11. Healthcare workers acquire the infection not only from patients and colleagues, but from outside the workplace too. Hence universal social distancing must be followed, even after work.

12. Doctors have succumbed to the disease after caring for family members with the infection. Unfortunately, there are at least two reported instances on this list where both the doctor and his wife died from COVID-19. In both these instances, the couple were under the age of 60.

13. Universal precautions will help reduce the risk, even if it is done at home. Instances of multiple family members becoming infected are documented in this list. The chance of a person with the virus infecting another person is called secondary attack rate. Published secondary attack rate of the SARS-Cov-2 virus among close household contacts ranges from 10 to 80%. These numbers indicate that it is


possible to care from someone with the disease without getting infected in the process. However, the risk is worse when precautions are not followed.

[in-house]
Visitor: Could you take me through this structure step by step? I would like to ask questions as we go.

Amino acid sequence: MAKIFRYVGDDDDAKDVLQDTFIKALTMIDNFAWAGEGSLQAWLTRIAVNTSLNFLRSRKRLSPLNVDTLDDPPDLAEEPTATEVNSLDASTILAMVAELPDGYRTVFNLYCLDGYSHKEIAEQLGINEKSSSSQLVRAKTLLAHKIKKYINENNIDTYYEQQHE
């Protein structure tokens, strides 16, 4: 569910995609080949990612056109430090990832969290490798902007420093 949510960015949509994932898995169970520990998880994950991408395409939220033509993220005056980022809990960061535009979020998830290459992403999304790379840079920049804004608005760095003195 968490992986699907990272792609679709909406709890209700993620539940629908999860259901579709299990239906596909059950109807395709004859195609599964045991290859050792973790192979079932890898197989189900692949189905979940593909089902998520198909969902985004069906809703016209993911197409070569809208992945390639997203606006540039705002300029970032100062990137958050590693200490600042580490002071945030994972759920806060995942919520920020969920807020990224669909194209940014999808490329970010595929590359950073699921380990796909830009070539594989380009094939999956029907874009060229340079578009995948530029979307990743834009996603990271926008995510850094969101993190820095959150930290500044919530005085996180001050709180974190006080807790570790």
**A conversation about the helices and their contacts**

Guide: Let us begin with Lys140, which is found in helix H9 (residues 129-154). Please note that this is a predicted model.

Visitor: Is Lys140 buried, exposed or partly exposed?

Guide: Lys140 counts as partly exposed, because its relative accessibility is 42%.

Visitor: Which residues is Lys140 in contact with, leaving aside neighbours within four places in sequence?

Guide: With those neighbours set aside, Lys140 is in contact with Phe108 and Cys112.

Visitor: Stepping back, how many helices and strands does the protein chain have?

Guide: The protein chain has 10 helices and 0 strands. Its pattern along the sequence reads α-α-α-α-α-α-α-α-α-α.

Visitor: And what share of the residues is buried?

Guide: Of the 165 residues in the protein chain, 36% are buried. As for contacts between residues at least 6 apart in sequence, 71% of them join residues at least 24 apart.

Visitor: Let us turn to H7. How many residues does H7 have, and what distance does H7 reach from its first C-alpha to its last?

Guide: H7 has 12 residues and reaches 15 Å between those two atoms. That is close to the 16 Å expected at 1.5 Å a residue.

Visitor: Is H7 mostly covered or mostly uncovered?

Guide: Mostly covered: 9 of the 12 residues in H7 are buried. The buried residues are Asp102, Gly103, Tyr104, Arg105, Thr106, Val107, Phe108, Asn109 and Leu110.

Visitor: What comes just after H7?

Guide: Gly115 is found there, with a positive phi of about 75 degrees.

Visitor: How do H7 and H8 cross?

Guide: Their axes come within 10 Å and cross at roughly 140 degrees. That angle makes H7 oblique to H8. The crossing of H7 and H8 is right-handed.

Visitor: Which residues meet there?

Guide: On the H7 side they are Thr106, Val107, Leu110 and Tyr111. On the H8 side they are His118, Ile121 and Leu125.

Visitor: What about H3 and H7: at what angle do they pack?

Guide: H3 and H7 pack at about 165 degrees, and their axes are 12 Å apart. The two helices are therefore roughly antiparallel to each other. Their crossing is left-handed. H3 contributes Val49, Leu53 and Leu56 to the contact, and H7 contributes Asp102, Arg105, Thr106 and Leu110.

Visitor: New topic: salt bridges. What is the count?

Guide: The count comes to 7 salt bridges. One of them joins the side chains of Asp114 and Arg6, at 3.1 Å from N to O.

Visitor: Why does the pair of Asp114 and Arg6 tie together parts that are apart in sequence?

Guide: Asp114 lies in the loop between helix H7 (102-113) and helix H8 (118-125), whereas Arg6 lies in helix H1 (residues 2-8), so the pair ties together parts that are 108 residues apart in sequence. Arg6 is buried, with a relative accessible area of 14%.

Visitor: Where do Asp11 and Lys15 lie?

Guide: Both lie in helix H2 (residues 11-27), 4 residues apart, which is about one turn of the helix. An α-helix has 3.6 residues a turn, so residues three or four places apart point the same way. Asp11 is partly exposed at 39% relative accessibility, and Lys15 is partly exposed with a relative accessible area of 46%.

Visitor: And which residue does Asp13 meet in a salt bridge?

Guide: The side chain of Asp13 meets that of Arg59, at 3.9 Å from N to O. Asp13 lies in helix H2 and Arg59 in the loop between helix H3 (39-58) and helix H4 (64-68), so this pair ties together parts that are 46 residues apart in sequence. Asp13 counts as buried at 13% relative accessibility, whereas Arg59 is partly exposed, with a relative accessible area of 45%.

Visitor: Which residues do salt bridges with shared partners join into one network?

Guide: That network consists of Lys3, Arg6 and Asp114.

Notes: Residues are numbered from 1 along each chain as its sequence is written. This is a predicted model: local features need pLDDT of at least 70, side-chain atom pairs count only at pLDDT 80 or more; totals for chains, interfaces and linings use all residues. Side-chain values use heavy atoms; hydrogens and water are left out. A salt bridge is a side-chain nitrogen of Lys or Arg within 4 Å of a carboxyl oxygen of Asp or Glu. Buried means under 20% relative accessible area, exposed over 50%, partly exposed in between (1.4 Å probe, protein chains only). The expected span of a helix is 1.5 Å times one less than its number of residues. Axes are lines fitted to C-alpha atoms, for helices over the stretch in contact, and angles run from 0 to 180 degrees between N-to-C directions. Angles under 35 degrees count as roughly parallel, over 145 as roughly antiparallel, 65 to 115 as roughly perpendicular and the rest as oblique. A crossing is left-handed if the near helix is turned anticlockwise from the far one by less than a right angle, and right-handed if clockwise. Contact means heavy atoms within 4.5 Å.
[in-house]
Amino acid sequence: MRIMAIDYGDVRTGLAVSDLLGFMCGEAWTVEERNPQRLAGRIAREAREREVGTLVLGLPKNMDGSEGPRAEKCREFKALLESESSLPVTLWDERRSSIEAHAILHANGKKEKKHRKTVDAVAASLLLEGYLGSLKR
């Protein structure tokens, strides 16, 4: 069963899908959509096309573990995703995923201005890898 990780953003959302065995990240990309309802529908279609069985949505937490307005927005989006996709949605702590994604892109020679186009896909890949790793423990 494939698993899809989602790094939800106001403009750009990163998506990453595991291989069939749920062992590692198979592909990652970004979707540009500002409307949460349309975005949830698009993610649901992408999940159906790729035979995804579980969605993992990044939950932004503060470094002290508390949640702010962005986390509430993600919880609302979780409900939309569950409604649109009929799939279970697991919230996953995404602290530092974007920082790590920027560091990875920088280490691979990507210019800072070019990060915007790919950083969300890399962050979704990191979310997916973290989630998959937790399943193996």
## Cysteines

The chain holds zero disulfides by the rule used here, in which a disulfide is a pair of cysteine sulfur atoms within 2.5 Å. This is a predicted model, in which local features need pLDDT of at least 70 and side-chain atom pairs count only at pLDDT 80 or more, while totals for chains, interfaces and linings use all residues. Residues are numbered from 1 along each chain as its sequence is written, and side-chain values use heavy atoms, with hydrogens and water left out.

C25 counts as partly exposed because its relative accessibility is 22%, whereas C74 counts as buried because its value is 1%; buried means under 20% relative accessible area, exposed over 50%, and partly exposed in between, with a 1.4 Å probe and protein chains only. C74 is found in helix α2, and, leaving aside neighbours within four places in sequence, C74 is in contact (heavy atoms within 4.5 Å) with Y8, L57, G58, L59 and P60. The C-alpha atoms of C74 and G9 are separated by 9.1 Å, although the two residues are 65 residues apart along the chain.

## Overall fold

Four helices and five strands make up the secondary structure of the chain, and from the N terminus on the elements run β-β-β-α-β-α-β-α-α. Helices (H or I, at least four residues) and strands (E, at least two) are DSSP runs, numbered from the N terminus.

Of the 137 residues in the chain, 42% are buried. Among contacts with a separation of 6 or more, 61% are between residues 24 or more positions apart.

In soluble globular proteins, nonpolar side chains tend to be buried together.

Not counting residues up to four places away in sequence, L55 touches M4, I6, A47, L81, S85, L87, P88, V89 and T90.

14. Studies have shown that the infection rate and mortality decreased as soon as infection control protocols were in place, and awareness of the disease improved. Many of the early deaths among doctors and nurses across the world were from lack of awareness of the virus being present in their community. In the absence of widespread testing, it is impossible to precisely determine the individual risk in each area, hence universal precautions are a must. It is safer to assume that everyone else has the virus, and take appropriate measures during work.

15. A number of people carry the virus without symptoms, and infect others. Sentinel testing of staff is an essential tool in assessing local risk. Sentinel testing is systematic testing of a random number of staff who are working in high traffic areas, in the absence of symptoms. Once found positive, they can be safely isolated. This ensures safety of colleagues as well as patients. Without sentinel testing, it is impossible to estimate the amount of virus penetration in any community.

16. There are reports of false negative initial testing all over the world, even when COVID-19 is clinically suspected. This can lead to a missed early diagnosis, and a false sense of security. Where clinically indicated, repeated testing must be done. Discussing the types of testing is beyond the scope of this article.